Medical Ariel

Ariel University struggles to get permissions to open a medical school.

Ariel University in the West Bank (photo credit: MARC ISRAEL SELLEM)
Ariel University in the West Bank
(photo credit: MARC ISRAEL SELLEM)
Last week, the Council of Higher Education voted to overturn a previous decision it had made and to not allow Ariel University to establish a medical school.
The vote was ordered Deputy Attorney-General Dina Zilber due to an alleged conflict of interest by one of the members of the council who had voted in favor of establishing the faculty of medicine in the original vote – six months ago – even though she was a candidate to teach at the institution as part of the teacher training program.
The new vote revoking approval for the medical school undid a previous decision in July when it voted 4-2 to establish the faculty at the university, located over the Green Line in the West Bank.
While we understand the need for good governance and not allowing conflicts of interest to exist, this is a bad decision, especially at a time when the country is facing one of the greatest healthcare crises in Israeli history, partly caused by a shortage of doctors.
It is no secret that Israel’s universities are run by something of a cartel. The existing universities do not want to allow the establishment of more schools so as not to have to share state-allocated budgets. The institution in Ariel faced this exact challenge when in 2012 it went from being an independent college to a fully-accredited university, despite fierce opposition by some of the university heads. One called the 2012 decision a “dark day” for Israel’s higher education. These university heads were not concerned with the establishment of an academic institution over the Green Line, but rather with the fact that a new university would mean more competition for state funds and would make their jobs more difficult attracting students and top lecturers.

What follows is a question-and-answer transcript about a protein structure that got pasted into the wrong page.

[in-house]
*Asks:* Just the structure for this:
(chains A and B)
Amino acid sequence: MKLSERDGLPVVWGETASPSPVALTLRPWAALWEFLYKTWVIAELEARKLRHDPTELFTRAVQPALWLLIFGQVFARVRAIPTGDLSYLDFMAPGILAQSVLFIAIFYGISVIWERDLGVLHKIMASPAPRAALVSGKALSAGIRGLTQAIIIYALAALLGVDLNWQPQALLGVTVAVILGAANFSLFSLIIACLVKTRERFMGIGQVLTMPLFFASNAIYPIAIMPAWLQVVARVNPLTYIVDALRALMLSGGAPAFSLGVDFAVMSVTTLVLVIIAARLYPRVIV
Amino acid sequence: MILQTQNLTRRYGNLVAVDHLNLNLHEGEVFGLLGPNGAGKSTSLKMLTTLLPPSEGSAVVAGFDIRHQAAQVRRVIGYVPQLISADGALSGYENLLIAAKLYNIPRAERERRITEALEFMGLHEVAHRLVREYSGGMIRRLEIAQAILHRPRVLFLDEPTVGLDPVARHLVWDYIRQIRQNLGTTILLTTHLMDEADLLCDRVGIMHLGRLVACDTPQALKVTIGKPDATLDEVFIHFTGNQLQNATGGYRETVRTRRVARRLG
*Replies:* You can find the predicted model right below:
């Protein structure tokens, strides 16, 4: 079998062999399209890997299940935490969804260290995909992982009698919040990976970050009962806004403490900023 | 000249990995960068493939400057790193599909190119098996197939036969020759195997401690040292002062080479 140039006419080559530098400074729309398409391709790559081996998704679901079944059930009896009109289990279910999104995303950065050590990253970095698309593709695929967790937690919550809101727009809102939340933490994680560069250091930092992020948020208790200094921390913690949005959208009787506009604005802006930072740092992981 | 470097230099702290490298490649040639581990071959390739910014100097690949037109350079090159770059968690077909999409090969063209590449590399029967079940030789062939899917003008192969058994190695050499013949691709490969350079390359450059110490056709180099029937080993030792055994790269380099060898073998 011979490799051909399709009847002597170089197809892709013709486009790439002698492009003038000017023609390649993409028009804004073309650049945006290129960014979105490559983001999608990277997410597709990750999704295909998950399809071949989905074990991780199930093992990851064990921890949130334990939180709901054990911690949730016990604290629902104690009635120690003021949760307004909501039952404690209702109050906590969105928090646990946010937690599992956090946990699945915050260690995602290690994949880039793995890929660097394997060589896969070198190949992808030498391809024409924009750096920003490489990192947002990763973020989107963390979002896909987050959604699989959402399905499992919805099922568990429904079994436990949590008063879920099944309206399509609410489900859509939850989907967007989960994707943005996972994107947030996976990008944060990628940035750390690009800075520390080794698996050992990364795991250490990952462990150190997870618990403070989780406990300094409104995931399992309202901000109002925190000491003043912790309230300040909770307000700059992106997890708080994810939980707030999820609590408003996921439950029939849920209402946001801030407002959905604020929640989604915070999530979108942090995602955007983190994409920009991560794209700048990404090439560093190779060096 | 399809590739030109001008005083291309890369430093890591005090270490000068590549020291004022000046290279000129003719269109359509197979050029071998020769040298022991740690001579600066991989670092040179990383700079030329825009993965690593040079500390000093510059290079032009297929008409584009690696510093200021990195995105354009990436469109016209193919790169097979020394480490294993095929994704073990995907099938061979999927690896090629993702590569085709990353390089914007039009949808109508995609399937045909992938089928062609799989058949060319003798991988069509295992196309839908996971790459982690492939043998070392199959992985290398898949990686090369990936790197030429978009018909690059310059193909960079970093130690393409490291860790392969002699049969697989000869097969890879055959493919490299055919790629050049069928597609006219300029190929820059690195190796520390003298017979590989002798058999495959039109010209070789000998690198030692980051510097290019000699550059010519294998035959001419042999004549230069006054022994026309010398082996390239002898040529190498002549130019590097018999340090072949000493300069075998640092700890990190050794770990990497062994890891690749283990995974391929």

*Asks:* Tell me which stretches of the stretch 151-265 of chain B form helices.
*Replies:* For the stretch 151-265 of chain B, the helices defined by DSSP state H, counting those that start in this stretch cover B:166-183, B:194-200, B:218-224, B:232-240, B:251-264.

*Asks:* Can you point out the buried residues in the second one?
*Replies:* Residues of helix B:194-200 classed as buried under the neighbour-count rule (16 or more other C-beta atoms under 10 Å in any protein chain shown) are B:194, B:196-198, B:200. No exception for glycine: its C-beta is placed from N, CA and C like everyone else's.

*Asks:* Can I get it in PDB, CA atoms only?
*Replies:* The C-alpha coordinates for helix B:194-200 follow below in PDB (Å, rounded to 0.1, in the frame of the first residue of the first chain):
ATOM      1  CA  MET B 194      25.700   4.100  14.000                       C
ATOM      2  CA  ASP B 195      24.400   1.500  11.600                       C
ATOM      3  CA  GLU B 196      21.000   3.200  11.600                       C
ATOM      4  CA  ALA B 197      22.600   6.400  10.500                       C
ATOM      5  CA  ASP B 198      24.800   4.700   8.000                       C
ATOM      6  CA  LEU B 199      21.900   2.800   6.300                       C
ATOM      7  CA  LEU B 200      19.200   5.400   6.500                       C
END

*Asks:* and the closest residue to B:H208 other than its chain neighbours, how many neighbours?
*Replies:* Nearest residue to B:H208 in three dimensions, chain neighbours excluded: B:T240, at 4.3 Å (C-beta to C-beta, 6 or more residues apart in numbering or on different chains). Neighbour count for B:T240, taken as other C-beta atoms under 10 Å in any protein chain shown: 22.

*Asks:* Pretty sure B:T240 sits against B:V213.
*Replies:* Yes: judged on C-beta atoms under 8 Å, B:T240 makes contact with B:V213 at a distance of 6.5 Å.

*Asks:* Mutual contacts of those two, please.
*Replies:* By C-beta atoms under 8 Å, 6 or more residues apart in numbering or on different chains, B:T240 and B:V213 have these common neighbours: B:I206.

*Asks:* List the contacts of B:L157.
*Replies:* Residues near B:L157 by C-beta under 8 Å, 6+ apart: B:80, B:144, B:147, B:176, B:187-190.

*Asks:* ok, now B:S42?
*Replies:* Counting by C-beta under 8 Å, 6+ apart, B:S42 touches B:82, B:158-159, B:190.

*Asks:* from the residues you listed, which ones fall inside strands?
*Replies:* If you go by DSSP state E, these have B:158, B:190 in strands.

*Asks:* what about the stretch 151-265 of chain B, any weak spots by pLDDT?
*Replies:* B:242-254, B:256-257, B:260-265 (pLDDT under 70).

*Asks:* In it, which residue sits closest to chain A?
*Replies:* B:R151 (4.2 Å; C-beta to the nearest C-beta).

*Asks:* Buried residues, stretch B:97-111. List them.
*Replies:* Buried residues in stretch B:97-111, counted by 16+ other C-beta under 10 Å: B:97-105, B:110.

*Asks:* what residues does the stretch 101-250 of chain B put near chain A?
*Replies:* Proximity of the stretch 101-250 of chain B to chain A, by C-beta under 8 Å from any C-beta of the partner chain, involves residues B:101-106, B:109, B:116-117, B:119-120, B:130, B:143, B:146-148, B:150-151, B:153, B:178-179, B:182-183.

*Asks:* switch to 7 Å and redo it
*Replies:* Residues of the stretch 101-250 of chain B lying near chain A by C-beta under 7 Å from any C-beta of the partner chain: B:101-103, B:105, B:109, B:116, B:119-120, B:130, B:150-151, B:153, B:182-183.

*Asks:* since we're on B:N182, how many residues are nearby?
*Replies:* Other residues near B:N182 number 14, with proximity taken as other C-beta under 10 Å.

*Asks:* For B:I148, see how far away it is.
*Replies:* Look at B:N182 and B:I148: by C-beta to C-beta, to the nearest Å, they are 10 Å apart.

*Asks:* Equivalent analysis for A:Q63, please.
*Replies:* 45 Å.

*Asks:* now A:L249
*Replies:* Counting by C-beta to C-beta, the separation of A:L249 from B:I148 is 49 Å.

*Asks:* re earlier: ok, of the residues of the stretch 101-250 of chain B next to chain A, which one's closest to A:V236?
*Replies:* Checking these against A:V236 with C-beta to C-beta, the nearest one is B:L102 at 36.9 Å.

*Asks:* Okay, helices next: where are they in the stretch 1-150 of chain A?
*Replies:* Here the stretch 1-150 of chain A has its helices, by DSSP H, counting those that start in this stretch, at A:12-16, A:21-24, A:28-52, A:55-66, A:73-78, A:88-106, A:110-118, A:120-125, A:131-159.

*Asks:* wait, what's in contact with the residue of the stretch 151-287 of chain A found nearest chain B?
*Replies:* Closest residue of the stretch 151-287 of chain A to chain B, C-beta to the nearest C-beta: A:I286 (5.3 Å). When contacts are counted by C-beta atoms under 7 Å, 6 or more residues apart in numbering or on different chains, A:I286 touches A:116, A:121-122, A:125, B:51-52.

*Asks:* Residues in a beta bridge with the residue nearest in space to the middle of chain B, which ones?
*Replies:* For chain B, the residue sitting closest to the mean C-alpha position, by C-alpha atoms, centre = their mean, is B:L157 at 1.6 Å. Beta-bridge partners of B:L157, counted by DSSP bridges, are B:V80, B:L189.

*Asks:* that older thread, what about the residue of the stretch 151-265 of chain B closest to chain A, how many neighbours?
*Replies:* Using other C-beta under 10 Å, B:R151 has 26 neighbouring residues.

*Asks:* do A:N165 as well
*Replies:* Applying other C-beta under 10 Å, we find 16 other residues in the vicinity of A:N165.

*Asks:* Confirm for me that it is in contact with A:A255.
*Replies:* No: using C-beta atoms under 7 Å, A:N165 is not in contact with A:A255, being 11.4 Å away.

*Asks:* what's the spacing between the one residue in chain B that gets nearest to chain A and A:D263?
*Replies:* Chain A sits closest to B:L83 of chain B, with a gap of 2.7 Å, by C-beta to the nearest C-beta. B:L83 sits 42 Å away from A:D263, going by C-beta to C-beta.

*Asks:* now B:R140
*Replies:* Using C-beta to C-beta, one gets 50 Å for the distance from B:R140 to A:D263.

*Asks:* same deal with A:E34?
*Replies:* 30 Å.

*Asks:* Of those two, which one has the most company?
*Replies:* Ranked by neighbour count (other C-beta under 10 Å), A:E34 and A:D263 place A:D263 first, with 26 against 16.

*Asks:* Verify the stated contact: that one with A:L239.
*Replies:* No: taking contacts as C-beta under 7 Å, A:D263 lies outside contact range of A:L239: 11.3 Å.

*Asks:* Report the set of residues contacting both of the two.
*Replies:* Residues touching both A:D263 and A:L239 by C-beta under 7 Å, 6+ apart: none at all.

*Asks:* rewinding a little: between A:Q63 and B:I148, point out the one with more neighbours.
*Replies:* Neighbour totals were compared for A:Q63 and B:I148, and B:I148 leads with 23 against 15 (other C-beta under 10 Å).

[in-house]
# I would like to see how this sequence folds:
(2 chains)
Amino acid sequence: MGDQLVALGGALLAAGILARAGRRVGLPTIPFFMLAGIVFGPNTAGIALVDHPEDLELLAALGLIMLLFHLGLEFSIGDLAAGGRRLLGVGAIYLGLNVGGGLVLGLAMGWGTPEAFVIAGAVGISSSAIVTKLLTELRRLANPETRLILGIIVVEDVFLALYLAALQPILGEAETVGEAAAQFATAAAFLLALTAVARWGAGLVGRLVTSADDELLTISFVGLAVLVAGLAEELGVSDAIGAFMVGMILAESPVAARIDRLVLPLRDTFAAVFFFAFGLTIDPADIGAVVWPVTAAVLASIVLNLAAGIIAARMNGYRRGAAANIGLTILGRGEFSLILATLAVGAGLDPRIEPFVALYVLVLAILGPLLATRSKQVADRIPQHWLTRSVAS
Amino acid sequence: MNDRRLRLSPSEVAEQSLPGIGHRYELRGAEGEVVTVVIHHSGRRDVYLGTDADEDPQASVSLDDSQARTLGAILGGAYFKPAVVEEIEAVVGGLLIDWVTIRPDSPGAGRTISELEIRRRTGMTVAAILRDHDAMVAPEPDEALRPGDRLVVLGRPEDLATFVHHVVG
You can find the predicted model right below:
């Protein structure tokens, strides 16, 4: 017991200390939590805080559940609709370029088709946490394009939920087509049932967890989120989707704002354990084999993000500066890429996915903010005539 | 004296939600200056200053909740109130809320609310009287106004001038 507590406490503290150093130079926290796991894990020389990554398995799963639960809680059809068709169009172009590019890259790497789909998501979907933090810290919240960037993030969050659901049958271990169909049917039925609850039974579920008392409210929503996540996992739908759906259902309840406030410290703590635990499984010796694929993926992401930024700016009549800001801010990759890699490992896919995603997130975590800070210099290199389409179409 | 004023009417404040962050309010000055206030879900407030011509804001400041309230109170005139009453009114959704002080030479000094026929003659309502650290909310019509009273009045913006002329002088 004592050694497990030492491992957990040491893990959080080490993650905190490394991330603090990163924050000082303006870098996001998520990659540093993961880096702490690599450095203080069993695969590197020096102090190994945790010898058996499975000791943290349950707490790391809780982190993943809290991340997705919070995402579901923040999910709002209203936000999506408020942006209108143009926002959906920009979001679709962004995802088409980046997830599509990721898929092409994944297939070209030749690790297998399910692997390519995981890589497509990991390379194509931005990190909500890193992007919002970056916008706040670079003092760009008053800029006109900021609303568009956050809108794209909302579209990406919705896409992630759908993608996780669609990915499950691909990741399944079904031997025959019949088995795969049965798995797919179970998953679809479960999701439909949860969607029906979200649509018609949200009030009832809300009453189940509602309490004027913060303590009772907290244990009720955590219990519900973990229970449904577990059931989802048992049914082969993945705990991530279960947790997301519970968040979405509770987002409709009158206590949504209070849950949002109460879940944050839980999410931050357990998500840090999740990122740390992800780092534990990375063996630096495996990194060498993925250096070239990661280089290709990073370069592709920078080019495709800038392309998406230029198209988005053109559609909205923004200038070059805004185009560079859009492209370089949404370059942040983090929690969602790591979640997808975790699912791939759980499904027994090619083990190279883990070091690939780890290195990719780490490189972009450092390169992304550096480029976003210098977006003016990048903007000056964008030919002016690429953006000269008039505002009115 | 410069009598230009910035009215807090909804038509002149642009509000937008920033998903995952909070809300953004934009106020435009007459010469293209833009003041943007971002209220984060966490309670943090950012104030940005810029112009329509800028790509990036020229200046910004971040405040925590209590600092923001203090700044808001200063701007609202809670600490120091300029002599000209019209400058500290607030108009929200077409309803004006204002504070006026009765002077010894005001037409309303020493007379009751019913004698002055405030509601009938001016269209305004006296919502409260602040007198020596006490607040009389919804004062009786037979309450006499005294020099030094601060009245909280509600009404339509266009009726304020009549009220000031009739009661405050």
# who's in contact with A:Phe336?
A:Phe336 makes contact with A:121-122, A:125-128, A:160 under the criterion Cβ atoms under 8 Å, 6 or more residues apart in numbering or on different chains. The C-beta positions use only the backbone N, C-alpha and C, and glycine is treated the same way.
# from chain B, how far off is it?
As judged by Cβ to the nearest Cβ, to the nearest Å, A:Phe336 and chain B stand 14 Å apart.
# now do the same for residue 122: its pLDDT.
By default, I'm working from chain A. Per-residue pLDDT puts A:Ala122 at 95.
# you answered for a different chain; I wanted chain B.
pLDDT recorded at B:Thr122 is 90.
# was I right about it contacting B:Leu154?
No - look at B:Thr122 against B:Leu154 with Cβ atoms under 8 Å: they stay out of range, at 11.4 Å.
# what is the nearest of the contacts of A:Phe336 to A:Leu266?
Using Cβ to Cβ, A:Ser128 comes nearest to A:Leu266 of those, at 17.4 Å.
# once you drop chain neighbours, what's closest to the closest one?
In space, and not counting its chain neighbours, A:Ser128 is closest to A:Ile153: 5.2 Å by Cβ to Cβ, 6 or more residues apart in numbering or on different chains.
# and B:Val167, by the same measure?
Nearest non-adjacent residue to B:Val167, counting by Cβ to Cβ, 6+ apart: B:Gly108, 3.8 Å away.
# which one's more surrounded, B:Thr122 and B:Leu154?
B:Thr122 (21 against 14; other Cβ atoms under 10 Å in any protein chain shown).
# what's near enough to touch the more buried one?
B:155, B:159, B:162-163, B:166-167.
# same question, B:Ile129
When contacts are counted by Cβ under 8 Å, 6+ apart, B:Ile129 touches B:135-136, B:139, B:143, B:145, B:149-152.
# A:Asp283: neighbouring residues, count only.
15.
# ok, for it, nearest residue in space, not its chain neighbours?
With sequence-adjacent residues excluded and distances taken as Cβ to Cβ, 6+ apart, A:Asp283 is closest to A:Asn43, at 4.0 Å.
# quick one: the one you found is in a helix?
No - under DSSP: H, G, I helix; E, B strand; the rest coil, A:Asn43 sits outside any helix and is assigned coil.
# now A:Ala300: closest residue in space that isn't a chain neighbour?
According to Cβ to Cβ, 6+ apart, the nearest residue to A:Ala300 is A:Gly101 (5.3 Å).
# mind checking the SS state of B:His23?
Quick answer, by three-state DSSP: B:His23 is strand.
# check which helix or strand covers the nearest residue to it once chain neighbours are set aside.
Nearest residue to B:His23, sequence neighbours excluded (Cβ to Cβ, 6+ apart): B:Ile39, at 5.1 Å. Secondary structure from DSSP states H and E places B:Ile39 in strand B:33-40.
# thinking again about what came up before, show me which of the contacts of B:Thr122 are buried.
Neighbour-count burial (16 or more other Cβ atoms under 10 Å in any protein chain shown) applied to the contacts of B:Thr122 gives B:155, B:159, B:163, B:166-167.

Today, Ariel University is home to more than 15,000 students and 300 faculty members. In the field of health sciences, the university already offers a pre-med program and has 30 research labs.
The problem is that Israel currently has five other medical schools: the Azrieli Faculty of Medicine of Bar-Ilan University in Safed; the Rappaport Faculty of Medicine of the Technion – Israel Institute of Technology in Haifa; the Sackler Faculty of Medicine of Tel Aviv University; the Hadassah School of Medicine of the Hebrew University of Jerusalem; and the Joyce and Irving Goldman Medical School of Ben-Gurion University of the Negev in Beersheba.
Another medical school would mean greater competition, for students and money.
The school, though, is needed. According to the Israel Medical Association, Israel faces a severe healthcare crisis, largely due to a lack of both licensed medical personnel and training vacancies for students. A recent report by the OECD, for example, found that the number of people who finish medical school in Israel is one of the lowest in the developed world – 3.8 students per 100,000 people, compared to the OECD average of 11.2.
A shortage of doctors is one of many problems with Israel’s health system. While life expectancy in Israel is one of the highest in the world, the country lacks nurses, hospital beds and medical equipment. Twenty-three of the 36 OECD countries spend more; 18 countries have more doctors per capita; 30 countries have more nurses; 33 have more medical graduates and 26 countries have more nursing graduates per capita.
And just a few weeks ago, the Health Ministry toughened the criteria for recognizing medical studies abroad, where many Israeli doctors end up going to school due to the lack of space and opportunity in the country.
This situation has to stop and an election season is the perfect time to start demanding that it does.
Israel’s politicians love to talk about Iran, Hezbollah and Hamas’s tunnels under the border with the Gaza Strip. It gives them an opportunity to appear tough and to deflect having to confront the issues that most Israelis face on a daily basis like healthcare.
A first step would be to see the political parties running in the election present a plan to improve Israel’s health system. Sadly, most parties refrain from publishing a platform since, why should they if no one demands it of them? Israelis’ lives are on the line. Not because of Iran or missiles stockpiled in Syria. But because there are not enough doctors.
Give Ariel a medical school.